There is something wrong with this story. Doctor's won't discount a TIA because the symptoms subsided. That is exactly why they are transient! The news this morning also ran this story and indicated that the doctors had originally concluded it was stressed induced (conversion reaction). The problem is if it was a conversion reaction, then the video would not disprove that. Furthermore, after seeing the video, they did an MRI and found an indication. Why was that not done originally? Standard response for a TIA is to do an MRI. Besides, if damage was now detected, it indicates she did not have a TIA but had a stroke.

    Something is not quite right with this story.

      • by l0ungeb0y (442022)
        I fail to see how this wouldn't be likely to happen under private insurance. A lot of Doctors tell people to go home to clear out their waiting rooms. Running tests may indeed be billable, but take time and require documentation.
    • ... because the doctors at the ER had already decided that it was not a TIA.

      ... because so many other possibilities seem more likely.

        "I don't need any more facts because my mind is made up" doesn't just apply to the political world.

    • by Stickerboy (61554)

      Since you're asking a similar question to someone else I replied to, I'll cut and paste my answer from below.

      The doctor didn't think her story, as it was told to them at the time, was a TIA. What happened to cause the misdiagnosis? Most likely, a "failure of doctor-patient communication. With a completely normal physical/neurological exam, all it takes is for a slightly confusing or badly told patient story (which NEVER happens, of course, with a patient freaked out about a possible medical problem) or a do

  • I'd like to know why the doctors didn't ask for an MRI the first time around. Why did the patient need to wait and get "proof" there was a real problem? Intact why don't we get an full body MRI and maybe even a CT scan maybe every 20 years to find possible problems before they happen?
    • by Stickerboy (61554) on Thursday June 19, 2014 @04:14PM (#47275685) Homepage

      I'd like to know why the doctors didn't ask for an MRI the first time around. Why did the patient need to wait and get "proof" there was a real problem? Intact why don't we get an full body MRI and maybe even a CT scan maybe every 20 years to find possible problems before they happen?

      Well, IAAD. I don't have access to the notes/file, but I can give a pretty reasonable guess to your answers.

      Why didn't the doctor ask for an MRI the first time around? Well, she went to the ER. Now, admittedly, I haven't worked in the Canadian system or outside of 2 confluent states here in the US, but standard of practice where I have worked is that ER doctors do not have access to MRI scans. They take way too long for the fast turnaround of ER care. MRIs can take 30 minutes to multiples of hours. CT scans take a few minutes. MRIs are either handled by outpatient scheduling or by admitting the patient for an inpatient stay in the hospital. On top of that, any stroke suspicion automatically gets a CT of the head without contrast to rule out intracranial bleeding, which is by far the most serious and emergent diagnosis from that class of symptoms. Tangentially, a CT of the head likely would not have picked up a small ischemic stroke like her later MRI.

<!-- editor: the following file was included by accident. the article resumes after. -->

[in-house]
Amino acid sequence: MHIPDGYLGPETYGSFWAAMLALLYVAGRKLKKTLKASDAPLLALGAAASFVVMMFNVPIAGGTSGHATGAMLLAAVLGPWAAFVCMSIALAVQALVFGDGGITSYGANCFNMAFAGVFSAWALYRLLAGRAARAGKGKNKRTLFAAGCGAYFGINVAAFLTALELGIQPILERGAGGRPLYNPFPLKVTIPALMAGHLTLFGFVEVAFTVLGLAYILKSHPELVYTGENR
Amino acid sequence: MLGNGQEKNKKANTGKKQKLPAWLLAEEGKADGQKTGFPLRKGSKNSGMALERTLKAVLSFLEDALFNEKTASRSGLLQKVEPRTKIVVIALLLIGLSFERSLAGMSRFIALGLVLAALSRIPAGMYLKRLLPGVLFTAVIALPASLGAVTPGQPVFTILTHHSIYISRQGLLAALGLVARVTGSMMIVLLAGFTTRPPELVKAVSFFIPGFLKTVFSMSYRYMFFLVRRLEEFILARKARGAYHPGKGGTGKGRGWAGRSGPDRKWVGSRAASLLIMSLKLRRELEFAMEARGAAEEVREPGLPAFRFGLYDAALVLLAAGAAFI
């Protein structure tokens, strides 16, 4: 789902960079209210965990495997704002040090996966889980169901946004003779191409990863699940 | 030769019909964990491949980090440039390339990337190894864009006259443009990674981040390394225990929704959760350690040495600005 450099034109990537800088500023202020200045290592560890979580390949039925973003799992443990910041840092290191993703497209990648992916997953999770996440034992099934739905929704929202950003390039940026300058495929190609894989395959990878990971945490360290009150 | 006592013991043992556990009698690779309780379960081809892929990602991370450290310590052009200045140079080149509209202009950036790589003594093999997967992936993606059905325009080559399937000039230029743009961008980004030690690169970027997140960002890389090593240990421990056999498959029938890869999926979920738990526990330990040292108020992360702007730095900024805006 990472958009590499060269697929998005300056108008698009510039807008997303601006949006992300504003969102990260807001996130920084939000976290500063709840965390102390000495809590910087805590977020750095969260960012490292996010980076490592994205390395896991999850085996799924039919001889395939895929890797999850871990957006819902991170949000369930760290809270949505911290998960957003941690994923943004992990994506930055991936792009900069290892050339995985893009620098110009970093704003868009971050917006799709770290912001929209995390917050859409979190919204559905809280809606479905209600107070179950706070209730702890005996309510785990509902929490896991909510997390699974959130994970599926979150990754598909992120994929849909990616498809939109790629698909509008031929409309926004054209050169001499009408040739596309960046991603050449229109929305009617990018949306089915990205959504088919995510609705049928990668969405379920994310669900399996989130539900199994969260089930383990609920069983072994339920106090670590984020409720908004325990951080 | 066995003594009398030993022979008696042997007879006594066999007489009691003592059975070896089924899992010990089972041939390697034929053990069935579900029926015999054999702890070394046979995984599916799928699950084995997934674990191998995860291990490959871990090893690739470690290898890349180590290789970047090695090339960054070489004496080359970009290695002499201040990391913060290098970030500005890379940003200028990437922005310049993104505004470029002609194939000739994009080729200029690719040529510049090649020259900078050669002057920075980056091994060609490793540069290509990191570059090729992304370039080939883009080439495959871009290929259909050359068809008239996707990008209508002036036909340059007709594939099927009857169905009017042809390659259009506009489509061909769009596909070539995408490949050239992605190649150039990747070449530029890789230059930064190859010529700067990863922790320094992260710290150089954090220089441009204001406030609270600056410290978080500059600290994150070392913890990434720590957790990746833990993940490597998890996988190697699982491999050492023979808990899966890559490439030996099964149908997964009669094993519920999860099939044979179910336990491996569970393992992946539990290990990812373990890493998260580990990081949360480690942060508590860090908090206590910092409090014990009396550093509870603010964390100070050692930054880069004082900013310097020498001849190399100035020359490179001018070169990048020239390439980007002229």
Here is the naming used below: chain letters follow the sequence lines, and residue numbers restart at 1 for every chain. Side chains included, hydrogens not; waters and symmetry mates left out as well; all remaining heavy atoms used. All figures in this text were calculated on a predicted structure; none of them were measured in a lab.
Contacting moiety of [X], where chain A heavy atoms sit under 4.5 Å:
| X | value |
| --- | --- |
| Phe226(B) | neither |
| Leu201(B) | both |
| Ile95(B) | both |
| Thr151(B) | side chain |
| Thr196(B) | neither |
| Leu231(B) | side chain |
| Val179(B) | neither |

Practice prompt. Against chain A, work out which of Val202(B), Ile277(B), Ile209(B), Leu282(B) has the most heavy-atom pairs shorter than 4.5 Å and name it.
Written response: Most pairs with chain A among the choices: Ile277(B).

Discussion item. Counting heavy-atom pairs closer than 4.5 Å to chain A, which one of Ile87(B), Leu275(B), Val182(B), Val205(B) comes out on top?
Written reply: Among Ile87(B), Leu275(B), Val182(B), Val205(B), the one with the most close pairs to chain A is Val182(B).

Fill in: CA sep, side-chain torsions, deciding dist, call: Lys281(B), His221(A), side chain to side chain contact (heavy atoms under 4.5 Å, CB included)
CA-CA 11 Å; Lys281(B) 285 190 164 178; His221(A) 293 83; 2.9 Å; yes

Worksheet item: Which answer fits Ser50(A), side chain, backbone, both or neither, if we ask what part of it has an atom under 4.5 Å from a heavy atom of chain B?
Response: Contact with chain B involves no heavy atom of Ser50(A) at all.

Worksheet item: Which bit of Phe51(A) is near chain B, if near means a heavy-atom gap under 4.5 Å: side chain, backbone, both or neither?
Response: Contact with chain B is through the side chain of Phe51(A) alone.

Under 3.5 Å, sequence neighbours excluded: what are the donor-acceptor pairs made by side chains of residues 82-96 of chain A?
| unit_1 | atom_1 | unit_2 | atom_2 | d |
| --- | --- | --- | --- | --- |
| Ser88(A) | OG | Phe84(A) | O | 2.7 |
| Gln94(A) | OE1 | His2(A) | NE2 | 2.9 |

Why did the patient need to wait and get proof? Well, with the story written down and no workplace rush, hindsight says she probably deserved an inpatient workup for a TIA the first time around. The #1 cause of misdiagnosis is failure of doctor-patient communication. With a completely normal physical/neurological exam, all it takes is for a slightly confusing or badly told patient story (which NEVER happens, of course, with a patient freaked out about a possible medical problem) or a doctor that's not hearing or associating the right phrases to lead them down the TIA/stroke diagnosis pathway to be sent home.

      Now let's turn this around, based on her initial episode on presentation to the ER. You're the patient that just had a five minute spell of weirdness that includes, "had trouble speaking words". In a few minutes, those symptoms were gone like it never happened. A CT scan will likely be negative for anything (but it will dose you with about 20 chest X-rays' worth of radiation to your brain). By definition, a TIA won't show anything on MRI (a small-scale infarct on MRI is a stroke, period). There is no medical "fix", as TIAs are self-limiting and resolve themselves - there is only secondary prevention. If this is a TIA, your best treatment includes going on aspirin daily (ulcer risk), antiplatelet medication like Plavix daily (bleeding risk), and a statin daily (multiple adverse effects well-documented. You can avoid taking if LDL is already low). On the basis of five minutes of symptoms that haven't returned, would you feel like taking this medication for the rest of your life? Does dosing every single person that comes in with a similar story with a combination of multiple medications sound like a good outcome?

      Third, why doesn't everyone get a full body MRI and maybe even a CT scan every 20 years? Well, you can. You'll need a credit/debit card or an appropriately-sized stack of cash, but radiology suites will be glad to scan you. I'd hate to put words in their mouths, but I would venture to say that would be their preferred business model. Especially if they could get away with not having to deal with third-party payers.

      Oh! You want someone else to pay for your scan. First, you need a good reason to order the scan to get someone else to pay for it. So let's think about it. Multiply thousands of dollars of unnecessary scans times 300 million people+ here in the US, rotating every 20 years. Then factor in all the incidental findings which will be inconclusive and need either further scans or maybe invasive surgical procedures to investigate. Factor in complications and harms from procedures and radiation dosing (a single CT of the chest is equivalent to about 70 chest X-rays, which is not insignificant in term

Computers are unreliable, but humans are even more unreliable. Any system which depends on human reliability is unreliable. -- Gilb

Working...